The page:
Last modified on 24 February 2014, at 15:36

Partial Differential Equations/Distributions

In order to solve partial differential equations, distributions can be very, very helpful. Sometimes they lead to really easy ways to find a cool solution for a partial differential equation.

In this chapter it can be found what distributions are, what they are like, and how you can modify them. How you can actually apply them, you can see not in this, but in the next chapter (about fundamental solutions, Green's functions and Green's kernels).

Important preliminary definitionsEdit

The support of a functionEdit

Let f: \R^d \to \R be a function. We define the support of f as follows:

\text{supp } f := \overline{\{x \in \R^d | f(x) \neq 0\}}


A multiindex \alpha is a vector with entries of natural numbers and zero, i. e. for some k \in \N: \alpha \in \N_0^k.

The absolute value of a multiindex \alpha = (\alpha_1, \ldots, \alpha_k) is defined by |\alpha| := \sum_{i = 0}^k \alpha_i

For a given multiindex \alpha, we define the \alphath derivative als follows:

\frac{\partial^\alpha}{\partial x^\alpha} := \frac{\partial^{|\alpha|}}{\partial x_1^{\alpha_1} \cdots \partial x_d^{\alpha_d}}

For a given vector x = (x_1, \ldots, x_d) \in \R^d and a multiindex \alpha \in \N_0^d we define x to the power of \alpha as follows:

x^\alpha := x_1^{\alpha_1} \cdots x_d^{\alpha_d}


Let x \in \R^d, r \in \R_+. Then

B_r(x) := \{y \in R^d : \|x - y\| < r\}

Set additionEdit

Let A, B \subseteq \R^d. We define the addition of A and B as follows:

A + B := \{x + y : x \in A, y \in B\}


  • B_R(x) + B_r(0) = B_{R+r}(x)
  • \R^d + A = \R^d, for every A \subseteq \R^d.

The bump functionsEdit

Definition of a bump functionEdit

Let U \subseteq \mathbb R^d be an open subset of \mathbb R^d. We call \phi: U \to \R a bump function, if and only if the two conditions hold:

  1. \phi \in C^\infty (U) (this means \phi is infinitely often differentiable)
  2. and also \text{supp } \phi is compact.
The standard mollifier

Example: The standard mollifier, given by

\eta(x) = \frac{1}{z}\begin{cases} e^{-\frac{1}{1-\|x\|^2}}& \text{ if } \|x\| < 1\\
                 0& \text{ if } \|x\|\geq 1

, where z := \int_{B_1(0)} e^{-\frac{1}{1-\|x\|^2}} dx, is a bump function.

The space of bump functionsEdit

We define the space of bump functions for a domain \Omega \subseteq \R^d (a domain is an open and connected set) as the set of all bump functions on this domain:

\mathcal D(\Omega) := \{ \phi \in C^{\infty}(\Omega) \,|\, \operatorname{supp}\, \phi \text{ is a compact subset of } \Omega \}

This space has a notion of convergence: We say that a sequence of bump functions (\phi_i)_{i \in \N} converges to another bump function \phi iff the following two conditions are satisfied:

  1. There is a compact set K \subset \Omega such that \forall i \in \N: \text{supp } \phi_i \subseteq K and:
\lim_{i \rightarrow \infty} \sup_{x\in K} 
\frac{\partial^\alpha}{\partial x^\alpha} 
\left( \phi_i (x) - \phi(x) \right)
\right| = 0 for every multi-index \alpha \in \N_0^d

The Schwartz functionsEdit

The function f(x, y) = e^{-x^2-y^2}

Definition of a Schwartz functionEdit

We call \phi: \R^d \to \mathbb R a Schwartz function, if and only if the following two conditions hold:

  1. \phi \in C^\infty (U) (this means again \phi is infinitely often differentiable)
  2. \forall \alpha, \beta \in \mathbb{N}_0^d: \sup_{x\in\mathbf{R}^d} \left |x^\alpha \frac{\partial^\beta}{\partial x^\beta} \phi(x) \right | < \infty

Example: The function

f: \R^2 \to \R, f(x, y) = e^{-x^2-y^2}

is a Schwartz function.

The space of Schwartz functionsEdit

Analoguously to the space of bump functions, we can also define the space of Schwartz functions:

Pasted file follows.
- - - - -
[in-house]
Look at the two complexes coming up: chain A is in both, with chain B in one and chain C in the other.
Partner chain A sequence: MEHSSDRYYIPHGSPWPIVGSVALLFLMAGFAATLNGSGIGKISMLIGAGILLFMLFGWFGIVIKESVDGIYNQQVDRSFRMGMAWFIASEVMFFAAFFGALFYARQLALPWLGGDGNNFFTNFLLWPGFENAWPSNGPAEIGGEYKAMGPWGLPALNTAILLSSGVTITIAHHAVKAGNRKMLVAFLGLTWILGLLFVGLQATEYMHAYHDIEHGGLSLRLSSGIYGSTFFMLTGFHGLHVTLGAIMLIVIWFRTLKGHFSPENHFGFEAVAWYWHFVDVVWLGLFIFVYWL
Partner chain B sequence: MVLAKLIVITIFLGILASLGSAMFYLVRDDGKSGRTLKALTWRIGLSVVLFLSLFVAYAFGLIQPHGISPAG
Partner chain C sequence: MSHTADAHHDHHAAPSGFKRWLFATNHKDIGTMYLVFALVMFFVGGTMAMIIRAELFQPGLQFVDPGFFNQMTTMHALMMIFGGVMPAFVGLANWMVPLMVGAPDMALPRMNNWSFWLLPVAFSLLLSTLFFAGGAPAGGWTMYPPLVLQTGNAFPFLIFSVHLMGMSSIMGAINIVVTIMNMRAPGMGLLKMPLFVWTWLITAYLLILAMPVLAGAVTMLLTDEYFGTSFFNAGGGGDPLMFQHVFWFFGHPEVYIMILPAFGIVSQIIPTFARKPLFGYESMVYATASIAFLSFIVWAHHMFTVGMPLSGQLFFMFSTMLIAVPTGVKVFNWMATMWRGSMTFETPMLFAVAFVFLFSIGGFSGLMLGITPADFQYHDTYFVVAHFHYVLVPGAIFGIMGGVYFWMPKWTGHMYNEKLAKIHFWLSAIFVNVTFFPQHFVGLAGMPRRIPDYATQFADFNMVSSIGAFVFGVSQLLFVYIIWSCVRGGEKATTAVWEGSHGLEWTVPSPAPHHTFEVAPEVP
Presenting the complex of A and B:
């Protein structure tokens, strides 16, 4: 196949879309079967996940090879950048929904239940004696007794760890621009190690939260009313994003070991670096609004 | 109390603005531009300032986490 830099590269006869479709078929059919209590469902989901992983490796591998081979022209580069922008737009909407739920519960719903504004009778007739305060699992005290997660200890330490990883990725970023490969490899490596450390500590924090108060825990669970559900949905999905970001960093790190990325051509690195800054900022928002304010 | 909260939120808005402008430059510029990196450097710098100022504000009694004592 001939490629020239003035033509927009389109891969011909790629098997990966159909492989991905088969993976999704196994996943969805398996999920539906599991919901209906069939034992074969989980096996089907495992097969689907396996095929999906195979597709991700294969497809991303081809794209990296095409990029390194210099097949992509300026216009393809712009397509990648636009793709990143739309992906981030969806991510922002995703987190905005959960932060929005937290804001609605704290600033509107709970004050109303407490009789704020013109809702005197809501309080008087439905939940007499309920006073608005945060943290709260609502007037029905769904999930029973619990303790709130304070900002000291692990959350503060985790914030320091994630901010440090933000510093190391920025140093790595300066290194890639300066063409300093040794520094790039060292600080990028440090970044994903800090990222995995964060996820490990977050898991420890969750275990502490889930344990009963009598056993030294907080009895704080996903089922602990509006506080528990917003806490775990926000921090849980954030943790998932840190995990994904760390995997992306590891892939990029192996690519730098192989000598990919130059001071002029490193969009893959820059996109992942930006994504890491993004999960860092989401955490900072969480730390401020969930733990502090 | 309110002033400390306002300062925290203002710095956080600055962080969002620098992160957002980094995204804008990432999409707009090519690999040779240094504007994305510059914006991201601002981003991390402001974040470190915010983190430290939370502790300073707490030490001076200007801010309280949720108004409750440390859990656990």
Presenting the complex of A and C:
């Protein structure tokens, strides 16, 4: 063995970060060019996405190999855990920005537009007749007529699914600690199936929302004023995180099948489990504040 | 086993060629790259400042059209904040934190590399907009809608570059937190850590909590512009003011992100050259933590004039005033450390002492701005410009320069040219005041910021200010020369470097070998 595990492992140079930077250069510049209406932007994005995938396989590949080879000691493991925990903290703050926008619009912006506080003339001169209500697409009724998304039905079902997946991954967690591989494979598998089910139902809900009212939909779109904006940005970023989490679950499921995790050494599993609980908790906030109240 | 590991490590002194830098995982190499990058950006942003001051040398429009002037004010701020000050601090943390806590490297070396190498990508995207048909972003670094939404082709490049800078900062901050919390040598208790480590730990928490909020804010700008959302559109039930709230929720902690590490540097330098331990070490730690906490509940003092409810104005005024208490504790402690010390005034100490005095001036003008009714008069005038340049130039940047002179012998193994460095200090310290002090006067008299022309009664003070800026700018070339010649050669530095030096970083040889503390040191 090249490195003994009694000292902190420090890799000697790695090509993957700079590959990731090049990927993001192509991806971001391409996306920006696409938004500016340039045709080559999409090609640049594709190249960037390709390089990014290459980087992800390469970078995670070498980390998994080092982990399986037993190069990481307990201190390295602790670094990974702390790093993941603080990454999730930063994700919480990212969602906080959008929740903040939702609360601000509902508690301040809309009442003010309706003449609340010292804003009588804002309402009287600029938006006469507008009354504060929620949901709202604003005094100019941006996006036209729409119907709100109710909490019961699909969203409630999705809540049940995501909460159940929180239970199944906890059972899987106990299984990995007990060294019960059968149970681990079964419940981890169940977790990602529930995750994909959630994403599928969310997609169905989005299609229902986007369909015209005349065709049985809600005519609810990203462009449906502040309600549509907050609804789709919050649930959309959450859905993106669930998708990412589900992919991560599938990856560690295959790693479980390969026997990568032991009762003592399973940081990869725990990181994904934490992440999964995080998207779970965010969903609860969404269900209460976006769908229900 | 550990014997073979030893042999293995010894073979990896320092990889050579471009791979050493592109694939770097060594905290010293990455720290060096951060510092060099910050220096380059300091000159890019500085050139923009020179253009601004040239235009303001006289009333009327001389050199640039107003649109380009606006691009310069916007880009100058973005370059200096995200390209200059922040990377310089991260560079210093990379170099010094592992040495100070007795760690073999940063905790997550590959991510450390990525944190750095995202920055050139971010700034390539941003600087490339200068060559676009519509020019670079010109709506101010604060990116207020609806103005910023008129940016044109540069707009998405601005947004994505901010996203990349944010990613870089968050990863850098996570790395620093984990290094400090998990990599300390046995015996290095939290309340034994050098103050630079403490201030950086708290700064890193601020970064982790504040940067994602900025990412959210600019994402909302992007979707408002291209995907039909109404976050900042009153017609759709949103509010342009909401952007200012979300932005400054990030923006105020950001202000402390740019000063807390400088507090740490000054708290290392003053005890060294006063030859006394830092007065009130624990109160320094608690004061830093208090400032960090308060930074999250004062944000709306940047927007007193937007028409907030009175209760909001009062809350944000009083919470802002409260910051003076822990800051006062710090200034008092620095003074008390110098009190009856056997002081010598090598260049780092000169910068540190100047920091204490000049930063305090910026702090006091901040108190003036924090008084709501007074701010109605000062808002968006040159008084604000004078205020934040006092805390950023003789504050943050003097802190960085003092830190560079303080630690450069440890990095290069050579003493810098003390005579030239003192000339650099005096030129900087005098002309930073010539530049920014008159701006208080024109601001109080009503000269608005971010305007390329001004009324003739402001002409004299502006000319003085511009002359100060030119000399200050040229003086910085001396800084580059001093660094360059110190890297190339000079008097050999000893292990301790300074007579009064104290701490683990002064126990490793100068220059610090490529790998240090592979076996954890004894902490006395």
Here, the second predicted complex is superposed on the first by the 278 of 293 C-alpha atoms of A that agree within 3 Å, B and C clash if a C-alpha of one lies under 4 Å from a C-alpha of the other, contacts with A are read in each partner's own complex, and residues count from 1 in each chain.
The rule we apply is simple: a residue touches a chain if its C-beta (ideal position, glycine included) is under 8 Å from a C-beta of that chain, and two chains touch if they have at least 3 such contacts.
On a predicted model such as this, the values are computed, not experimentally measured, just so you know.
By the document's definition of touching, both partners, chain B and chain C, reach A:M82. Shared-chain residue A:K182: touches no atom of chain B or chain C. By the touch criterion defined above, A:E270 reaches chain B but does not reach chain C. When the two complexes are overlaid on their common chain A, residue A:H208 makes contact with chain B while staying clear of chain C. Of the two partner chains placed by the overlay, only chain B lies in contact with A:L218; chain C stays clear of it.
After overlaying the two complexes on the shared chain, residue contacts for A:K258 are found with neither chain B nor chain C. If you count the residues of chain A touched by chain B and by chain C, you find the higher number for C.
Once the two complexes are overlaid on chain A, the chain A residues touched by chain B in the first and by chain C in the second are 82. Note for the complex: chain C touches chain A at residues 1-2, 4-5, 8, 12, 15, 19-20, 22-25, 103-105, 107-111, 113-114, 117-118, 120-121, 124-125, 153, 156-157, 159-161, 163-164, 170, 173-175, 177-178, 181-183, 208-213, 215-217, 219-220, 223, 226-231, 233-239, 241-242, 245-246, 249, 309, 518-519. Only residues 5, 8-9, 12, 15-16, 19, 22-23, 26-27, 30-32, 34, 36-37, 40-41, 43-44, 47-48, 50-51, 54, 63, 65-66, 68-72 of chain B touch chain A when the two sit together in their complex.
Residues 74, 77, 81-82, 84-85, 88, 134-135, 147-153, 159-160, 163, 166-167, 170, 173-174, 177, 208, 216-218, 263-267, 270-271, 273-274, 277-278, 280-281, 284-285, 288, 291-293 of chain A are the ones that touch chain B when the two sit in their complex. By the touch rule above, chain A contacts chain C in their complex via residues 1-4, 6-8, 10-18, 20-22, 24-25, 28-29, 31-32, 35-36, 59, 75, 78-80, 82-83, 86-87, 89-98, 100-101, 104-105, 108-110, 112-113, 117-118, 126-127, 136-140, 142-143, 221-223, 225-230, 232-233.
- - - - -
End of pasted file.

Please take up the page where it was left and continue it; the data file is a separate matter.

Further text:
\mathcal{S}(\R^d) := \left\{ \phi \in C^\infty(\R^d) \,\Big|\, \forall \alpha, \beta \in \mathbb{N}_0^d: \; \sup_{x\in\mathbf{R}^d} \left |x^\alpha \frac{\partial^\beta}{\partial x^\beta} \phi(x) \right | <\infty\; \right\}

The space of Schwartz functions also has a notion of convergence: We say that the sequence of Schwartz functions (\phi_i)_{i \in \N} converges to \phi iff the following condition is satisfied:

\forall \alpha, \beta \in \mathbb{N}_0^d: \sup_{x\in\mathbf{R}^d} \left |x^\alpha \frac{\partial^\beta}{\partial x^\beta} (\phi_i(x) - \phi(x)) \right |  \to 0, i \to \infty

Relations between bump functions and Schwartz functionsEdit

Theorem 1.1Edit

Every bump function is also a Schwartz function, i. e. \forall \text{ domain } \Omega \subseteq \R^d : \mathcal D(\Omega) \subset \mathcal S(\R^d).


A bump function has compact support. Outside the support, the bump function and all the derivatives are zero, because the bump function is constantly zero there. The support is a compact set, and therefore the absolute value of bump function itself and all the derivatives, which are continuous due to the properties of a bump function, attain their maximum there, as well as the function x \mapsto |x^\alpha|, which is also continuous. (see Wikipedia: Extreme value theorem). But since the function and all the derivatives are zero outside the support, this is a global maximum of the absolute value. We furthermore obtain: \left|x^\alpha \frac{\partial^\beta}{\partial x^\beta} \phi(x) \right | = |x^\alpha| \left| \frac{\partial^\beta}{\partial x^\beta} \phi(x) \right| \le \left( \max_{x \in \text{supp } \phi} |x^\alpha| \right) \left(\max_{x \in \text{supp } \phi} \left| \frac{\partial^\beta}{\partial x^\beta} \phi(x) \right| \right) < \infty for every multiindices \alpha, \beta \in \N_0^d, where the last inequality is true, because \left|\frac{\partial^\beta}{\partial x^\beta} \phi(x) \right | is zero outside \text{supp } \phi. This is what we wanted.

Theorem 1.2Edit

Let (\phi_i)_{i \in \N} be an arbitrary sequence of bump functions. If \phi_i \to \phi with respect to the notion of convergence for bump functions, then also \phi_i \to \phi with respect to the notion of convergence for Schwartz functions.


Let K \subset R^d be the compact set in which all the \text{supp } \phi_i are contained. In \R^d, ‘compact’ is the same as ‘bounded and closed’. Therefore, K \subseteq B_M(0) for some M > 0. Then we have for every multiindices \alpha, \beta \in \N_0^d that